QlikView’s boundaries may be more apparent than Tableau’s, but I suspect that there’s at least as much power there. I just haven’t yet been able to judge it for myself well enough.

The trouble for me is that I’ve used it alone, as if stuck in a remote cabin. Though even Thoreau might have liked the “associative experience,” QlikView really comes alive only when you link to others.

As in Tableau, any QlikView user can create or modify a workspace, a document linked to one or more sets of data with any number of displays. Unlike Tableau, QlikView isn’t so finicky about data; for one thing, linking to Excel spreadsheets is easier.

I can’t speak with assurance just yet on the differences between QlikView and Tableau Server — more on that later — though I think I see a QlikView edge there.

One other advantage for QlikView is clear: built-in collaboration. True, Tableau workbooks can be passed around in a variety of ways forever. But as with our atomized life on the West Coast, such a community would be for me, the hypothetical manager of a group, too loose for comfort.

Tableau users will shudder, as if about to be extradited back to Maine. “Great, central authority all over again,” they would say. Yet when I imagine myself managing a group, I would feel disabled without a tight, integrated social structure.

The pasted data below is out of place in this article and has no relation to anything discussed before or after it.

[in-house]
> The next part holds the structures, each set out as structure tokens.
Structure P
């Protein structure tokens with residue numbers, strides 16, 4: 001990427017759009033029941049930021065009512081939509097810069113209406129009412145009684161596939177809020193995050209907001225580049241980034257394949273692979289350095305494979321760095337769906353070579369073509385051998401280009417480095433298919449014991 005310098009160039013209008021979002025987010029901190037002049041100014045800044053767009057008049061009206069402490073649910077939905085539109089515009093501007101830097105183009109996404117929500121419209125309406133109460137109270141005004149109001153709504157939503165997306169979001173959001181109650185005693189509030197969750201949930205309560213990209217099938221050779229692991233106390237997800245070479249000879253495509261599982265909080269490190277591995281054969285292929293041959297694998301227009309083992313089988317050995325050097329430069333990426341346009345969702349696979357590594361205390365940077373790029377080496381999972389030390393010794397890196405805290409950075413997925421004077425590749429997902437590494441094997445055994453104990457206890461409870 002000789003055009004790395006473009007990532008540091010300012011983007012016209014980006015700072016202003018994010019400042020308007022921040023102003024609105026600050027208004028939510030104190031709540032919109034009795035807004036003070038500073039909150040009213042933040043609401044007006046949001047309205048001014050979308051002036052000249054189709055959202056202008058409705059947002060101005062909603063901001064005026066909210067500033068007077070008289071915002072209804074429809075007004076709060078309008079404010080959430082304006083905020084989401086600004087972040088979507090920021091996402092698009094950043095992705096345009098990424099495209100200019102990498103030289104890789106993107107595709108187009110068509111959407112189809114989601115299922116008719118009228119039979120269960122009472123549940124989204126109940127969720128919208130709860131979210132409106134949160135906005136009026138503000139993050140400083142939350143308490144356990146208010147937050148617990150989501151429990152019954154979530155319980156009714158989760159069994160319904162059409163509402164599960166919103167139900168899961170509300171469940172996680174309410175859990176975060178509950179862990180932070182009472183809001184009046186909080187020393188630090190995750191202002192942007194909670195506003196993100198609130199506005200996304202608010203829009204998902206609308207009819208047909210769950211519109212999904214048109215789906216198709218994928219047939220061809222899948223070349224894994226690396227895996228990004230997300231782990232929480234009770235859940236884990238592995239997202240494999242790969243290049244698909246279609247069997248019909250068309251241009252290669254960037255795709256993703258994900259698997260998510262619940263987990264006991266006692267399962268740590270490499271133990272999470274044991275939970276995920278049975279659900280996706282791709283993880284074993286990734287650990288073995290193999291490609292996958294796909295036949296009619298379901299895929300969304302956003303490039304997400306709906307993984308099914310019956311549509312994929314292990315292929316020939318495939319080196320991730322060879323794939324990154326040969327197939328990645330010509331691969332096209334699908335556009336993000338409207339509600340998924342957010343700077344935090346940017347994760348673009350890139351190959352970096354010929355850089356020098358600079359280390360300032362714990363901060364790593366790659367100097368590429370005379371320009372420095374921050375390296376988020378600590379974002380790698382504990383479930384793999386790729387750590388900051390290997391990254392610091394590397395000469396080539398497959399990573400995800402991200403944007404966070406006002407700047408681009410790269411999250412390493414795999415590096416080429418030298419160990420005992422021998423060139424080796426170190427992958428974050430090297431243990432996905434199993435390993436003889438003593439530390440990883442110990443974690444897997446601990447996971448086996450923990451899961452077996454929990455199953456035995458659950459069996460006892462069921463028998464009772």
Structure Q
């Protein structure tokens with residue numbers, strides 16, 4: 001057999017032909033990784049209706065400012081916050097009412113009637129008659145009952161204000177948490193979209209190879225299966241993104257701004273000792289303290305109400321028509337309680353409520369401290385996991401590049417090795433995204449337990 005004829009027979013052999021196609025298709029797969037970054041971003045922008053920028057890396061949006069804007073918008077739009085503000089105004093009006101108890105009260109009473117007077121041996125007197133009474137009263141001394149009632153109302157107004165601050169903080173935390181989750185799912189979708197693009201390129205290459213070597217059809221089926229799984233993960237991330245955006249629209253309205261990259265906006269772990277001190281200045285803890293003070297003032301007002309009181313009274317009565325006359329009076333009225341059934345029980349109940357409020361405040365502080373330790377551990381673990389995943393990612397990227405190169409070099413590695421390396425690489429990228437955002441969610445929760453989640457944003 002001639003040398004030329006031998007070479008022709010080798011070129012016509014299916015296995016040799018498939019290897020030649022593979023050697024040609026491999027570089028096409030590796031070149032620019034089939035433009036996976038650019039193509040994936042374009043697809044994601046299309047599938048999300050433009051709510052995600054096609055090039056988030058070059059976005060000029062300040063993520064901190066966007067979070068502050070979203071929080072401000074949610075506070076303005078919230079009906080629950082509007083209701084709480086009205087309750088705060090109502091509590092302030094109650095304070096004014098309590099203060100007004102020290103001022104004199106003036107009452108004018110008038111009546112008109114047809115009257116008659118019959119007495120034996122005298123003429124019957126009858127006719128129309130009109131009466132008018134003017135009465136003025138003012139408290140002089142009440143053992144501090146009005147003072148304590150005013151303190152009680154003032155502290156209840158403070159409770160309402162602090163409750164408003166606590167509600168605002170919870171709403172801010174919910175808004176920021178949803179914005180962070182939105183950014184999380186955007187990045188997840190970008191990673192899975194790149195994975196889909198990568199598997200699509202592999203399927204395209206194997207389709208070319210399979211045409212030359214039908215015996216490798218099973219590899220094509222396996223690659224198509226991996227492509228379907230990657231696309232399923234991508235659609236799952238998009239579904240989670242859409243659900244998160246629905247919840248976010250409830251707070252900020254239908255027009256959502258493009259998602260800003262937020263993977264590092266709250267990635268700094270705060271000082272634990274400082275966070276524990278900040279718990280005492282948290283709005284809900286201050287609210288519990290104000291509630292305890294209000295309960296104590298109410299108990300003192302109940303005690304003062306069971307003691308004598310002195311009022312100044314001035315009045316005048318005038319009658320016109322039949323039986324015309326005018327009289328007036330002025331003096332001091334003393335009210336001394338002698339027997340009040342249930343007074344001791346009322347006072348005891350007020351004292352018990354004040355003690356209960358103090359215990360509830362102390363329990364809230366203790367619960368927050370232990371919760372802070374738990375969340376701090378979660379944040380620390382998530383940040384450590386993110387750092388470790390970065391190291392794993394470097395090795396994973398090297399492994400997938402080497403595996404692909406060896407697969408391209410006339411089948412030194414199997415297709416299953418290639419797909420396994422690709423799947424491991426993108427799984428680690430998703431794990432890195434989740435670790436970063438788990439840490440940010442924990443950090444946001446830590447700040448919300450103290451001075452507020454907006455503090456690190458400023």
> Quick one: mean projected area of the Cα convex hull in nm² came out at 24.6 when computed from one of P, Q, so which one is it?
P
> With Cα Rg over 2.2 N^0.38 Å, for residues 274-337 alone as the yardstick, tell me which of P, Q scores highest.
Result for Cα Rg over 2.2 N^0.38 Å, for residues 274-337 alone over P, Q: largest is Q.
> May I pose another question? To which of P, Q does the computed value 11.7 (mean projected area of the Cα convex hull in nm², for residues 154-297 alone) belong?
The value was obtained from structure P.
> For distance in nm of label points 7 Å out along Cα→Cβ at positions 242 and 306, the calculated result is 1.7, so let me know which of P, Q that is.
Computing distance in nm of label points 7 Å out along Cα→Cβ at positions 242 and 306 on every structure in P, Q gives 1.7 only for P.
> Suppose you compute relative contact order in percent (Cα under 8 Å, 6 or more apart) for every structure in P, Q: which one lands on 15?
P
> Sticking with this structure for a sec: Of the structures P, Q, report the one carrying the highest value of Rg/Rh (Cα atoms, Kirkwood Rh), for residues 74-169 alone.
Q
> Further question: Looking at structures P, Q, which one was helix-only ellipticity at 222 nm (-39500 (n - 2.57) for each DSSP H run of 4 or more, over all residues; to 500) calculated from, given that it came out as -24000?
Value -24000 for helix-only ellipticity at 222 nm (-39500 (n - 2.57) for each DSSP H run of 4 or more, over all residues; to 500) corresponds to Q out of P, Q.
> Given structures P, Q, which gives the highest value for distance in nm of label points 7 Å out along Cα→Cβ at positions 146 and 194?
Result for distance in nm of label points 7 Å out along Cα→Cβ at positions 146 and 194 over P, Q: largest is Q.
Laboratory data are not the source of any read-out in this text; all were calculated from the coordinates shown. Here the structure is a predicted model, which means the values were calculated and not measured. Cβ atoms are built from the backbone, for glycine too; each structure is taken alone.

“It’s the soft stuff that matters,” TechTarget research director Wayne Eckerson likes to say. Such stuff is what interests me more than anything: Who are these people and how did they choose what they did?

Have most Qlik or Tableau users chosen their tool the way most of us choose spouses, religion, and politics — guided by our relationships? How many software shoppers qualified their candidates with lists of requirements and features and followed through based on evidence? Did they do what a veteran sales person at a large BI vendor sees?: “They gather requirements, they issue RFPs, they visit trade shows, they talk to vendors, and ultimately they pick one because they like its color.”

I think it’s usually about “color,” color being the cover story for something most people can’t quite describe. For now, though, I’m happy to say that at least my first question has been answered: Yes, QlikView belonged on that list in “Don’t call it BI.”